One reality that rather quickly stands out in this representation of the Earth’s atmosphere is just how ‘thin’ the first layer of the atmosphere (the troposphere) actually is when compared to the other layers. This scale map also shows that the next thickest layer is the mesophere, which is followed by the stratosphere, and then the thermosphere. The fifth and outermost layer of the atmosphere, the exosphere, is not represented on this map. But about the size of the Earth? If this scale were actually true, that is, if the thickness of the first four layers of the Earth’s atmosphere were in fact equal to the height of an A3-sized piece of paper, then how large would the radius of the Earth need to be in order to, as we often say in English, be true to scale?

FIGURE 2. Our 4-layer atmosphere is visible on the edge of the nearest outdoor basketball court (A3 paper), but these two courts are still not enough to constitute a properly scaled radius of our Earth.

Is the width of an outdoor basketball court (approx. 13 m) enough?
No, it’s not enough.

How about the the width of two outdoor basketball courts (approx. 26 m)? Would that be enough?
Not yet.

Figure 2 shows our piece of A3 paper laying on the near edge of two rectangular basketball courts on the TASIS campus, just outside of our science building. The combined width of these courts–from the bottom to the top of the image–is approximately 26 meters, but in order to be true to scale, the radius of our model Earth would require us to have two additional outdoor basketball courts stacked beyond the existing courts. Only with FOUR courts could we have an Earth with the radius it needs to be true to our A3-sized paper scale. A four-court Earth would have a radius of approximately 53.5 meters–but remember, the radius is half of the diameter, so in actuality we would need EIGHT basketball courts if we wanted to estimate the ‘true’ size of the (entire) Earth in this scale model!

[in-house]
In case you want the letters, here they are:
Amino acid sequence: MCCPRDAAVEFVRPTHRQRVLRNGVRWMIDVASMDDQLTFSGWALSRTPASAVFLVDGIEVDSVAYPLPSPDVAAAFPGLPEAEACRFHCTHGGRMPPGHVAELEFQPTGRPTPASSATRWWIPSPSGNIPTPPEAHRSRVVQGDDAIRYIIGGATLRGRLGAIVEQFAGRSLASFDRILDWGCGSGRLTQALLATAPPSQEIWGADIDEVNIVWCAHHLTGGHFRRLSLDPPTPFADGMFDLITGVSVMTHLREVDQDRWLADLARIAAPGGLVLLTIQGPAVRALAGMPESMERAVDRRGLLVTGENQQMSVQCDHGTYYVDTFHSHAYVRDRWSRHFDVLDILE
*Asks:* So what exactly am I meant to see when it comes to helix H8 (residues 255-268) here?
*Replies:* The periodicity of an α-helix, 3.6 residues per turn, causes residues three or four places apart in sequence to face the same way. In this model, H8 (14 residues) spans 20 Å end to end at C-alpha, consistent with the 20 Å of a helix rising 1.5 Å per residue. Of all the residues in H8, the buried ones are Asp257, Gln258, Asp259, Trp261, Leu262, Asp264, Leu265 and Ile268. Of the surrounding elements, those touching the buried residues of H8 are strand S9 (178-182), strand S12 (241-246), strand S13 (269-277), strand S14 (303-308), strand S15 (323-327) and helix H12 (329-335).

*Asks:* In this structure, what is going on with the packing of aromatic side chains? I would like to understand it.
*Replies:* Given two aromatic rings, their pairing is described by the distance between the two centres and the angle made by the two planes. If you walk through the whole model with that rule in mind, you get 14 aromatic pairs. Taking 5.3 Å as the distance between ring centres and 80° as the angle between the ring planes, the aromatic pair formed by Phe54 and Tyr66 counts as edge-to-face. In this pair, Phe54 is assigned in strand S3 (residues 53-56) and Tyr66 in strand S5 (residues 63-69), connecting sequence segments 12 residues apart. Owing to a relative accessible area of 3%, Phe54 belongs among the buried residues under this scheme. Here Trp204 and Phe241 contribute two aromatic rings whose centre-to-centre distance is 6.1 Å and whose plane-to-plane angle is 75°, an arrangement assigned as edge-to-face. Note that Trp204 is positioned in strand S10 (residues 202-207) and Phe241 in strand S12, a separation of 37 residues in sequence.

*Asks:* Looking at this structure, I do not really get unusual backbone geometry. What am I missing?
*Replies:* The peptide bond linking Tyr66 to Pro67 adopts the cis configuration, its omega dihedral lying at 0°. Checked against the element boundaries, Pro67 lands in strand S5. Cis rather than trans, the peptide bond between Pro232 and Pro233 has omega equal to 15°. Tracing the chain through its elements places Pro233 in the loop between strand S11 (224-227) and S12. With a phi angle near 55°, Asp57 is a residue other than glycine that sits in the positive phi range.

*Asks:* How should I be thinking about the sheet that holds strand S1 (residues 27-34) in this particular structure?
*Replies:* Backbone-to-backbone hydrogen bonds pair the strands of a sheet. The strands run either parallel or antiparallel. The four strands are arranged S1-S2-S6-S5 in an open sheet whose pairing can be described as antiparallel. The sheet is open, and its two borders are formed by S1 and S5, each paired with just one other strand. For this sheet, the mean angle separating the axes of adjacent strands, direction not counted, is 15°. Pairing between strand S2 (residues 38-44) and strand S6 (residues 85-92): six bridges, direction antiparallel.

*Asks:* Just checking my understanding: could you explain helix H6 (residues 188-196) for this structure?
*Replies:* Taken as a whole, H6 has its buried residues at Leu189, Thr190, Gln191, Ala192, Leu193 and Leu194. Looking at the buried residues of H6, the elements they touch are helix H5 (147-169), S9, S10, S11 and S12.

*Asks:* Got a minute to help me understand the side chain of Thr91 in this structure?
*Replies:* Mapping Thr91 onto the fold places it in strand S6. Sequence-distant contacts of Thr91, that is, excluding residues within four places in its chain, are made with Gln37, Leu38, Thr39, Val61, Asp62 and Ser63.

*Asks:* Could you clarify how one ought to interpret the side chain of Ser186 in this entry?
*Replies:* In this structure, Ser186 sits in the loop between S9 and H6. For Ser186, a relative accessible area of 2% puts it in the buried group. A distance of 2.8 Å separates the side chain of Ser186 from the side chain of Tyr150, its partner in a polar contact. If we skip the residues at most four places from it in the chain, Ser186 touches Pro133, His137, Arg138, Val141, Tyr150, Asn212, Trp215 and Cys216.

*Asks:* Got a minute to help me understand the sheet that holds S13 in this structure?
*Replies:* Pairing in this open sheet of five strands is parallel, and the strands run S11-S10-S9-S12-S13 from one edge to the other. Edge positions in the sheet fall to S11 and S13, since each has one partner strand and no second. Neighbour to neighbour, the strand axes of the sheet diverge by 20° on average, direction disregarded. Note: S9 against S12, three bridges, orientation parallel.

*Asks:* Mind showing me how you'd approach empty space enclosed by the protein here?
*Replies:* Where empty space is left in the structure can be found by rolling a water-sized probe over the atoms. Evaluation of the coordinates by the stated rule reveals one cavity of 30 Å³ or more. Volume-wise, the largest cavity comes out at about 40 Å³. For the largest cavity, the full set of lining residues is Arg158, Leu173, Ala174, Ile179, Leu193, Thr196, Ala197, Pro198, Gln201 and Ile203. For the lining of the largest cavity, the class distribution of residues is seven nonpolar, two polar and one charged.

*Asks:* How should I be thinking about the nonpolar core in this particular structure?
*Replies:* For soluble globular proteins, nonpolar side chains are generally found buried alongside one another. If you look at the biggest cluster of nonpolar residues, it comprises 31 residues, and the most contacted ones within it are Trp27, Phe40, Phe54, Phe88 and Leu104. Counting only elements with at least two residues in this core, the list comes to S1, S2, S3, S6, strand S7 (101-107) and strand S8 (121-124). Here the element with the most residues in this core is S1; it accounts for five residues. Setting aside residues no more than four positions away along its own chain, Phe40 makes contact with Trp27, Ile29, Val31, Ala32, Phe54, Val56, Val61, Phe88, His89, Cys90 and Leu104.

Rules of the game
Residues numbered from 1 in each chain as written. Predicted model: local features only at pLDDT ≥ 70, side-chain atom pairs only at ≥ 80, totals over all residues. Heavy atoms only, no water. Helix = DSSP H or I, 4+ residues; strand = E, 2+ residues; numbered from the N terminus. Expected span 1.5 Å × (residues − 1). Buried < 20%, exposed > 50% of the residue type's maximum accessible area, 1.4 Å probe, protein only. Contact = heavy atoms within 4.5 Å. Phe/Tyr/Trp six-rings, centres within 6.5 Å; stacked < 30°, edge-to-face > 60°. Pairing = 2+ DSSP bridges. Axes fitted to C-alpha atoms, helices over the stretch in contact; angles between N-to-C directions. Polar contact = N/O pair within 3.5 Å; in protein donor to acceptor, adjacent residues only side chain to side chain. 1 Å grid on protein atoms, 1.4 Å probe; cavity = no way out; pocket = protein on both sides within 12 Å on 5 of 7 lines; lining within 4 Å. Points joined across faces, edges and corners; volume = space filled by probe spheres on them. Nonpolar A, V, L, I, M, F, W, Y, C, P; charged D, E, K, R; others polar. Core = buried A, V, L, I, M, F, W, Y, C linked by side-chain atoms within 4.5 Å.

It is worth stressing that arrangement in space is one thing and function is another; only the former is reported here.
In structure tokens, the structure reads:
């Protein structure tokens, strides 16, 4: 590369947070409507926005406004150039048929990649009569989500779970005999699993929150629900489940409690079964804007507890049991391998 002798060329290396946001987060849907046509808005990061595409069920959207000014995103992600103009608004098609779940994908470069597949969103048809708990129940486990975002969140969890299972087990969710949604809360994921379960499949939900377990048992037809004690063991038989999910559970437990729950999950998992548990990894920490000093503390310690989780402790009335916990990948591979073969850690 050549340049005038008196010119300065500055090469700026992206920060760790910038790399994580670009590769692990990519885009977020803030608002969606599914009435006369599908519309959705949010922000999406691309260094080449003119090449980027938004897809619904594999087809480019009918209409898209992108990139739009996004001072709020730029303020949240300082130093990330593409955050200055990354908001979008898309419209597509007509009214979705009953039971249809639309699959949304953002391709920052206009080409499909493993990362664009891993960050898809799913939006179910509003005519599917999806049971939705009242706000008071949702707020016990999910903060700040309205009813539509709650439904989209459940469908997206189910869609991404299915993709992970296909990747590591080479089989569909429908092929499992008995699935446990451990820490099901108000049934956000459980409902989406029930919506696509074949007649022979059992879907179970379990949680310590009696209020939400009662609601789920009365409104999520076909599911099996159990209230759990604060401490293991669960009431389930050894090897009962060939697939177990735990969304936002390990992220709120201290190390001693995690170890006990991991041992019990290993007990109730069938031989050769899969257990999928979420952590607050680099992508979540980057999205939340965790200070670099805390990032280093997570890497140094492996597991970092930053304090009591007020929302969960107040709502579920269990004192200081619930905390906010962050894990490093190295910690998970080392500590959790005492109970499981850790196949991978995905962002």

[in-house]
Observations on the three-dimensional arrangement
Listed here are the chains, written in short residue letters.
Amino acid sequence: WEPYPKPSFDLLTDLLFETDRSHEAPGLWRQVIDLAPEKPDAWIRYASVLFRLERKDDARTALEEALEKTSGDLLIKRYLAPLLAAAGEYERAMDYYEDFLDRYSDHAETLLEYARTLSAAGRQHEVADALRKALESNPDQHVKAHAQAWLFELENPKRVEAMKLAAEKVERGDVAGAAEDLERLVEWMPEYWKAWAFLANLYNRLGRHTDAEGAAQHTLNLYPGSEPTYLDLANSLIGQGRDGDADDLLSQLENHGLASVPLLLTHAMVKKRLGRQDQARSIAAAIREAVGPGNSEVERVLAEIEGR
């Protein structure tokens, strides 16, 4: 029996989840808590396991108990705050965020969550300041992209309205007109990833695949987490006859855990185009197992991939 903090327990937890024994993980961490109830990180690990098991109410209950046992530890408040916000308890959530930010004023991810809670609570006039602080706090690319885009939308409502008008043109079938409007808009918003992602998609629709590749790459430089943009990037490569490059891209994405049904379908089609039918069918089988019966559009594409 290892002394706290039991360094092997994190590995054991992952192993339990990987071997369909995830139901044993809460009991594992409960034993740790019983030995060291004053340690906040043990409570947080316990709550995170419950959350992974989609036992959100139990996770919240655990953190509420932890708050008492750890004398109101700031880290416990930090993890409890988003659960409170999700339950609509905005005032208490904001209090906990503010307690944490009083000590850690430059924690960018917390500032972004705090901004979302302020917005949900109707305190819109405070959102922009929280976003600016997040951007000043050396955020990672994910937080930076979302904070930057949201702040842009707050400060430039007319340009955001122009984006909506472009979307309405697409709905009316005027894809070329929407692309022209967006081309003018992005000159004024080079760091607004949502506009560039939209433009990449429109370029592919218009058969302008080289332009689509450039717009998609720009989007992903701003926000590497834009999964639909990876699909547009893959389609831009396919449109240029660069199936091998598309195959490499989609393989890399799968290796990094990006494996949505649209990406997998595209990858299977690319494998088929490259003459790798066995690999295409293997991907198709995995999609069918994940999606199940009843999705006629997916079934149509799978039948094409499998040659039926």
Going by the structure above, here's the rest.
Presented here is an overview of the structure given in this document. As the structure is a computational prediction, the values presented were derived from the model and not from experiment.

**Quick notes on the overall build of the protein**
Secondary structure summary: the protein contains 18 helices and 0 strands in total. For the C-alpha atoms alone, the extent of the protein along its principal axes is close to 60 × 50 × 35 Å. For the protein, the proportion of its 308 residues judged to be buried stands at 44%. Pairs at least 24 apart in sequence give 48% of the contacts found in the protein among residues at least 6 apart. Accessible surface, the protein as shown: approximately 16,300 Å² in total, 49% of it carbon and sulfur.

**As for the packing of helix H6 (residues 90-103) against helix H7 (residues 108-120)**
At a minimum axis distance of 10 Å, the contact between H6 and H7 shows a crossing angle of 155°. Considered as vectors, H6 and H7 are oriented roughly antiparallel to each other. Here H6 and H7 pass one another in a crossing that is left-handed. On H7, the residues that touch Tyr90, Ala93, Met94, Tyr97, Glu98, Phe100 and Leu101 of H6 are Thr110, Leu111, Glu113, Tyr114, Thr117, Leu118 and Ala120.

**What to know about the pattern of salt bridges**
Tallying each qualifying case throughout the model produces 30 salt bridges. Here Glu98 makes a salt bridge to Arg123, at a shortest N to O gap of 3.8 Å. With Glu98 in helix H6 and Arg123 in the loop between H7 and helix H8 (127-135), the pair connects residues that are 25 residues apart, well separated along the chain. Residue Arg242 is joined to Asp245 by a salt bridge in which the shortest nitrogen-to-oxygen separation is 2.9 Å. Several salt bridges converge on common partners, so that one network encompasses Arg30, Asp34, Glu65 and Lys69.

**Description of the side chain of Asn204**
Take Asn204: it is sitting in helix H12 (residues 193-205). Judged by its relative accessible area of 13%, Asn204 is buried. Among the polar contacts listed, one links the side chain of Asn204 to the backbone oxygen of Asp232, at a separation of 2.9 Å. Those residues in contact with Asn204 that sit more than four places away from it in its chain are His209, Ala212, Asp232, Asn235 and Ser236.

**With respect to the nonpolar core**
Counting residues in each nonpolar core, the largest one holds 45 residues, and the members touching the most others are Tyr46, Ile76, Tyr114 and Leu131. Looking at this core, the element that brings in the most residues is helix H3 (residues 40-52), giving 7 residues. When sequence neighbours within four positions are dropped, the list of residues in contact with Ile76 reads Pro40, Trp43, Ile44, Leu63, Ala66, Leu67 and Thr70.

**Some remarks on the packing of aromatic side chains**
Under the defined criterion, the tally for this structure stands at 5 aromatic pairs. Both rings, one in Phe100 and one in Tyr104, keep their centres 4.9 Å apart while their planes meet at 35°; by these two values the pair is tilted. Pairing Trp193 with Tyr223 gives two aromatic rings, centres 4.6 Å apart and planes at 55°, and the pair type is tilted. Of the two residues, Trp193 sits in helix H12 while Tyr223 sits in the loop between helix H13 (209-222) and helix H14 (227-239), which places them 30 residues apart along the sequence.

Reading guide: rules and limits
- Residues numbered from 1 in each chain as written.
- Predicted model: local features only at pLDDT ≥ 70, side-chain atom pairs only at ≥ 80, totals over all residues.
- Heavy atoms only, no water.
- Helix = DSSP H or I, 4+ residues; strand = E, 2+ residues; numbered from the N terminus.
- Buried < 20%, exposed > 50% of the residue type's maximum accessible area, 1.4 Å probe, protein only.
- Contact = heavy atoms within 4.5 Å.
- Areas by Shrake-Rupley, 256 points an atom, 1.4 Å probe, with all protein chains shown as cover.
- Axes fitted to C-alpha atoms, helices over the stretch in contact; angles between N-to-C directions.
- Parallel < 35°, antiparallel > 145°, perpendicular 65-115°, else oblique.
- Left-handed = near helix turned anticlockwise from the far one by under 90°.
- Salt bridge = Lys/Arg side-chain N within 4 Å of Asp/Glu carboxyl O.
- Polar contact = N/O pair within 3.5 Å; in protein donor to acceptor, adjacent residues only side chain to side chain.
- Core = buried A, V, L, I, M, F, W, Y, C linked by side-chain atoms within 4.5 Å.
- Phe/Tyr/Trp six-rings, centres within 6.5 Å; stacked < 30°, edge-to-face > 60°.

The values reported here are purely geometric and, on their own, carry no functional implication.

An Earth the with diameter of EIGHT basketball court-widths, which has a four-layered atmosphere that is the size of an A3-sized piece of paper. Now that is a useful sense of scale…

In tomorrow’s blog, we will expand our A3-sized paper model in an attempt to answer the following questions:

  • If our model Earth here on the TASIS campus has a radius of 53.5 m, how many kilometers (km) would we have to travel from campus in order to arrive on the surface of the Moon?
  • If our model Earth here on the TASIS campus has a radius of 53.5 m, how many kilometers (km) would we have to travel from campus in order to arrive on the surface of the Mars?
  • If our model Earth here on the TASIS campus has a radius of 53.5 m, how many kilometers (km) would we have to travel from campus in order to arrive on the surface of the Sun?
  • If our model Earth here on the TASIS campus has a radius of 53.5 m, how many kilometers (km) would we have to travel from campus in order to arrive on the surface of Alpha Centauri (the nearest star which is not our Sun)?
Posted in Earth Science, Grade 7, Middle School Science, Space Science | Tagged , , , , , , | 1 Comment

Well, it’s about time!!!

What time do you get up in the morning? What time do you go to school? How much time does it take you to eat your lunch? What is your bedtime? What time is it now? We ask questions about time every day. Or rather, to put it differently, we live questions about time every day.

Growing up in the 1970s, 80s, and 90s in the United States, my friends and I mostly used battery powered wrist watches to ‘tell’ time. Nowadays, my middle school students mostly use battery powered smart phones and, most recently, various brands of smart watches. But if you really want accuracy and precision in your time keeping, you will follow an atomic clock.

What is an atomic clock? How can atoms keep time? Watch the creative 2 minute video below and see if it is able to answer some of these questions (and others)…